Noel McNeil - 1966 (LR) Butch Moore (LR) John Kelly - Capitol (LR) Jimmy Hogan - Capitol (LR) Eamonn Monaghan - Capitol (LR)

Butch Moore - 1966 Butch Moore - 1964 (LR) Butch Moore - 1965 (PB) Butch Moore (LR) Butch Moore (LR)
Eamonn Monaghan of the Capitol - 1966 (LR) Don Long of the Capitol in 1966 (LR) Des Kelly of the Capitol in 1966 (LR) Paddy Cole of the Capitol in 1966 (LR) Bram McCarthy of the Capitol in 1966 (LR)
John Kelly of
the Capitol - 1966
(LR)
Jimmy Hogan of the Capitol - 1966 (LR) The Kelly Brothers (LR) Des & John Kelly (KS) The Capitol -1970 (KS)
The Capitol -1966 (MY) Butch Moore (GF) Butch Moore (GF) The Capitol (GF) Johnny Kelly - 1967
Johnny Kelly - 1967 Johnny & Des in 1967 Johnny Kelly - 1967

Capitol

Capitol - Sept, 1969
Capitol - 1968 Capitol - 1968 Capitol - 1969 Capitol - 1970 Capitol - early 60's
Capitol (KM) Capitol (RF) Capitol (RF) Capitol (RF) Capitol (RF)
Capitol (RF) Capitol (RF) Capitol (RF) Capitol (RF) Capitol (RF)
Capitol (RF) Capitol (RF) Capitol (RF) Capitol (RF) Capitol (RF)
Capitol (RF) Capitol (RF) Capitol (RF) Capitol (RF) Capitol (RF)
Capitol (RF) Capitol (RF) Capitol (RF) Capitol (RF) Capitol (RF)
Capitol (RF) Capitol (RF) Capitol (RF) Capitol Capitol (PL)
Capitol (PL) Capitol (PL) Capitol (PL) Capitol (PL) Capitol (PL)
     
Butch Moore (PL) Butch Moore (PL) Coming Soon Coming Soon Coming Soon
Year Vocals Guitar Bass Drums Keyboards Sax Trumpet Trombone
1960 Butch
Moore
Joe
Dolan
Des
Kelly
Johnny
Kelly
Eamonn
Monahan
Eddie
Ryan
Paul
Sweeney
Pat
Loughman
1960 Butch
Moore
Joe
Dolan
Des
Kelly
Johnny
Kelly
Eamonn
Monahan
Eddie
Ryan
Paul
Sweeney
Pat
Loughman
June,
1961
Butch
Moore
Jimmy
Hogan
Des
Kelly
Johnny
Kelly
Eamonn
Monahan
Paddy
Cole
Paul
Sweeney
Don
Long
1963 Butch
Moore
Jimmy
Hogan
Des
Kelly
Johnny
Kelly
Eamonn
Monahan
Paddy
Cole
Bram
McCarthy
Don
Long
1966 Noel
McNeil
Jimmy
Hogan
Des
Kelly
Johnny
Kelly
Eamonn
Monahan
Paddy
Cole
Bram
McCarthy
Don
Long
1967 John
Drummond
Jimmy
Hogan
Des
Kelly
Johnny
Kelly
Eamonn
Monahan
Paddy
Cole
Bram
McCarthy
Don
Long
1969   Jimmy
Hogan
John
Drummond
Johnny
Kelly
Eamonn
Monahan
Paddy
Cole
Bram
McCarthy
Don
Long
Sept
1969
Tony
O'Leary
Jimmy
Hogan
Mike
Dalton
Mickey
O'Neill
Eamonn
Monahan
Paddy
Cole  
Bram
McCarthy
 
1970 Tony
O'Leary
Frank
Murray
Mike
Dalton
Mickey
O'Neill
  Paddy
Cole  
Bram
McCarthy
 
1970 Tony
O'Leary
Frank
Murray
Mike
Dalton
Mickey
O'Neill
Stan Burns (sax) Paddy
Cole  
Bram
McCarthy
 
1971 Tony
O'Leary
Frank
Murray
Mike
Dalton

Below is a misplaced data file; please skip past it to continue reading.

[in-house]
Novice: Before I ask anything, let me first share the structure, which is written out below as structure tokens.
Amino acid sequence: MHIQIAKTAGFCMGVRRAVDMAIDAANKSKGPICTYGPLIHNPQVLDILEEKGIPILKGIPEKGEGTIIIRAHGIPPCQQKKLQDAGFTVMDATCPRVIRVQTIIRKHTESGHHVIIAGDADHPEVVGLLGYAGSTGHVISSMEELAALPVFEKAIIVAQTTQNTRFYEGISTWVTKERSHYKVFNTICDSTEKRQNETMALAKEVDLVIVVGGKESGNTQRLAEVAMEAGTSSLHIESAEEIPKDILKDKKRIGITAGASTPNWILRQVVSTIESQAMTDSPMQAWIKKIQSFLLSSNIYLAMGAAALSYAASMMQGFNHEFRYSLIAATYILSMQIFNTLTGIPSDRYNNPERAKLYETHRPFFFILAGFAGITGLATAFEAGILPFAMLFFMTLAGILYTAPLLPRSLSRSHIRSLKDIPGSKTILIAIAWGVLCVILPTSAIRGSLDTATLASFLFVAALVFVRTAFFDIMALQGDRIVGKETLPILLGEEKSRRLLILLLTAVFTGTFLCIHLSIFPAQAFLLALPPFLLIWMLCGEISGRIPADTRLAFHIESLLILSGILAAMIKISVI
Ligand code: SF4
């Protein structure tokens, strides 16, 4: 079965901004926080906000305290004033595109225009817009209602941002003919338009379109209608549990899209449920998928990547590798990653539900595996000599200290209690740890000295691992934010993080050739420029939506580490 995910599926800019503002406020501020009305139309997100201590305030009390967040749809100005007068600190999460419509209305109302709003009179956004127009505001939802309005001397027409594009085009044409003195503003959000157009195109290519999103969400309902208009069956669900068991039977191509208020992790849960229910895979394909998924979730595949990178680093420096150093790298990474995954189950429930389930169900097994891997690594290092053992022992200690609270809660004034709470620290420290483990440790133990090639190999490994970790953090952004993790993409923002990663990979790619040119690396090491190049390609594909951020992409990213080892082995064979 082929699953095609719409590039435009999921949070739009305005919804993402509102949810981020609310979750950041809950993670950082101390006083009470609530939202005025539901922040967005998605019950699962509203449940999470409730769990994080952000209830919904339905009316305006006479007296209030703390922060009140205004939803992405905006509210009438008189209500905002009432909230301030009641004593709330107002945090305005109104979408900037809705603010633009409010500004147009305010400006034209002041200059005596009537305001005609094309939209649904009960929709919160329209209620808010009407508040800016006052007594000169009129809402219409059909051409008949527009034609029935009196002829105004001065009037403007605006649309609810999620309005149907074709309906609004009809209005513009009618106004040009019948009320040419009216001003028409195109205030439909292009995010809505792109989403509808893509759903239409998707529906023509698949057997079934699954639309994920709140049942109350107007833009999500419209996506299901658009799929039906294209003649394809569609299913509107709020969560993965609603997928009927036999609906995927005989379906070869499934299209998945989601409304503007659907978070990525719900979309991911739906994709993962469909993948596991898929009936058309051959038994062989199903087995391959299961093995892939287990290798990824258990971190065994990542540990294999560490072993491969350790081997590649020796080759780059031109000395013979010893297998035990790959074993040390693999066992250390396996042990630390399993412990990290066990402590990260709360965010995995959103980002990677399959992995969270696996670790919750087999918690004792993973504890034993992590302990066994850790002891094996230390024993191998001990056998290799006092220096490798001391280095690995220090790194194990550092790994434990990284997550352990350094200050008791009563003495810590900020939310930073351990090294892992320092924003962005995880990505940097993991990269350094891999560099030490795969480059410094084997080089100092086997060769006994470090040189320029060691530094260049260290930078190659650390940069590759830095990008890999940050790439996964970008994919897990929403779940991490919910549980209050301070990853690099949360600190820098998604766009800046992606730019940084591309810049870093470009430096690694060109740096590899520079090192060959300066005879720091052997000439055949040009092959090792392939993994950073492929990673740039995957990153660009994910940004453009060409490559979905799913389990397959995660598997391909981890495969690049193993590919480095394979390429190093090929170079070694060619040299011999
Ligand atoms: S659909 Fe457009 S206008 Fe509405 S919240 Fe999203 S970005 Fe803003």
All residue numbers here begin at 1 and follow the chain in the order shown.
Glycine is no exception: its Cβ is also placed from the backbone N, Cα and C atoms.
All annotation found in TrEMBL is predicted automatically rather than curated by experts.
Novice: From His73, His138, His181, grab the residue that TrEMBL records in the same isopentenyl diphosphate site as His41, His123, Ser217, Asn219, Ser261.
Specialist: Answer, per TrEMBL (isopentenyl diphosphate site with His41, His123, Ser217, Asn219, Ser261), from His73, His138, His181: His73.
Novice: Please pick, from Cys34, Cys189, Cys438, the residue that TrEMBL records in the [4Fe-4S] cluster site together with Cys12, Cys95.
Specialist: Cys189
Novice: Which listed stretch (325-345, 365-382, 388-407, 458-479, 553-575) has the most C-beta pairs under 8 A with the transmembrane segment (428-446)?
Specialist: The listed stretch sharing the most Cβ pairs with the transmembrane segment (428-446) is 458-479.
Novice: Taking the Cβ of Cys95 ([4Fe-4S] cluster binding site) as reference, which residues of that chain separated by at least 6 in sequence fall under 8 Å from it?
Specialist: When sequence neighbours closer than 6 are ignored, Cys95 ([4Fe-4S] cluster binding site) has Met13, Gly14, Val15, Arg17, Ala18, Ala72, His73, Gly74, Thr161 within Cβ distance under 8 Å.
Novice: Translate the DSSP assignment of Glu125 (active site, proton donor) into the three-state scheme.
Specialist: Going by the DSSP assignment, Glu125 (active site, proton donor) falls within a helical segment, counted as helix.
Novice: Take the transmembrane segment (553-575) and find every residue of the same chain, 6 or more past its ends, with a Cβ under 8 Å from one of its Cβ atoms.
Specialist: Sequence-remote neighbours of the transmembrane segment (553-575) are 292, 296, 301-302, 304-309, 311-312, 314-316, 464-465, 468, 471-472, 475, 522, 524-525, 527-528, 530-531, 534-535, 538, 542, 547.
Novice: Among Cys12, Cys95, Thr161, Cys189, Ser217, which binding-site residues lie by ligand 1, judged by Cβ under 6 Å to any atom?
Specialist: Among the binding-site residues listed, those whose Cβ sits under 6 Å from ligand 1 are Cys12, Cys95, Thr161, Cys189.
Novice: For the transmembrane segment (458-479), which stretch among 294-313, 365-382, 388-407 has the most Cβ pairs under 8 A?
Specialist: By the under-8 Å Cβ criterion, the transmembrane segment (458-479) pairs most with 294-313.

Eamonn
Donnelly
Stan Burns (sax) Paddy
Cole  
Bram
McCarthy
 

Discography:

Singles:

Foolin' Time / Too Soon To Know (Butch Moore) - #3 Irish Charts
Pye Records - January, 1964
I Missed You / Touch Me (Butch Moore)
Pye Records - 7N.35182 - 1964
Down Came The Rain / Bye Bye Till Then (Butch Moore) - #1 Irish Charts
Pye Records - 7N.15727 - November, 1964
Born to Be With You / Far Far Away (Butch Moore) - #1 Irish Charts
Pye Records - 7N.15789 - February, 1965
Walking The Streets In The Rain / I Stand Still (Butch Moore) - #1 Irish Charts
Pye Records - March, 1965 - Ireland's Eurovision Entry
Our Love Will Go On / Words (Butch Moore) - #10 Irish Charts
Pye Records - 7N.15910 - July, 1965
So Many Ways / Granada (Butch Moore) - #5 Irish Charts
Pye Records - 7N.15990 - October, 1965
A Christmas Wish / What Child Is This (Butch Moore) - #5 Irish Charts
Pye Records - NEP.24235 - December, 1965
Spanish Eyes / I Gotta Know (Butch Moore)
Pye Records - 7N.17143 - 1966
Honey and Wine / Boolavogue
Pye Records - May, 1966
Streets of Baltimore / McAlpine's Fusliers (Des Kelly) - #3 Irish Charts
Pye Records - 7N.17257 - February, 1967
Sorry 'Bout That Chief/Peggy O' Neill (Don Long)
Pye Records - 7N.17271 - 1967
Black Velvet Band / The Nightengale (John Kelly) - #1 Irish Charts
Pye Records - 7N.17322 - May, 1967
Bottle Of Wine/Creole Jazz (Paddy Cole)
Dolphin - DOS 2 - 1968
Monkey time/Song and Dance (John Drummond)
Dolphin - DOS 9 - 1968
Break My Mind/Molly Bye Bye (John Drummond)
Dolphin - DOS 13 - 1968
Muffin Man / Stranger On The Shore (Paddy Cole)
Dolphin Records - DOS.16 - 1968
I'll Be All Smiles / That's What It's Like (John Kelly)
Dolphin Records - DOS 30 - 1969
She Meant Everything To Me / Whole World Shaking (Tony O'Leary)
Dolphin Records - DOS 61 - March, 1970
 

Albums:

Presenting Ireland's Premier Showband
Envoy Records - VOY 9144 - 1962                                     
The Many Faces Of Ireland's Capitol Showband
Pye Popular Records - NPL 18119 - 1965* 
The Capitol Showband
Marble Arch Records - MAL 694 - 1967

* Our thanks to Ian Kavanagh for help with the discography.

Audio Clips

Coming Soon

Where Are They Now?  

Butch Moore: RIP Butch left the band in 1966 and was replaced by Noel McNeill. He went into the cabaret scene where he didn't do as well as expected. In 1970, after a divorce, he emigrated to the United States and started a cabaret act with Maeve Mulvany, who he would eventually marry. They owned a pub, The Parting Glass, in Massachusetts where they settled and had three children. Butch returned to Ireland in 2000 for a tour with the Showband Show, but passed away on April 3, 2001 (less than six months later) at the age of 63. Sadly, Maeve passed away a few years later in 2004 at the age of only 58. 
Joe Dolan: RIP Joe was an art student in Dublin when the Capitol were formed. He played guitar with them until Jimmy Hogan and Butch Moore joined from the Blue Clavons. When at home in his native Galway he played with the Swingtime Aces. He was still with them when we did a two band session in Loughrea in 1961. After retiring, Joe was a professional artist in Co. Galway until his sad passing from cancer in late 2007.(from Pat Loughman)
Des Kelly - RIP: After leaving the Capitol Des went into entertainment management and was very successful. He launched the highly successful Smokey Mountain Ramblers, featuring Pat Ely, one of the top country bands of the era. For many years, Des was a regular performer in his native Galway. He also presented a Sunday evening music programme on Galway Bay FM between 6 and 8 p.m. Des sadly passed away April 1st, 2017 after a lengthy illness.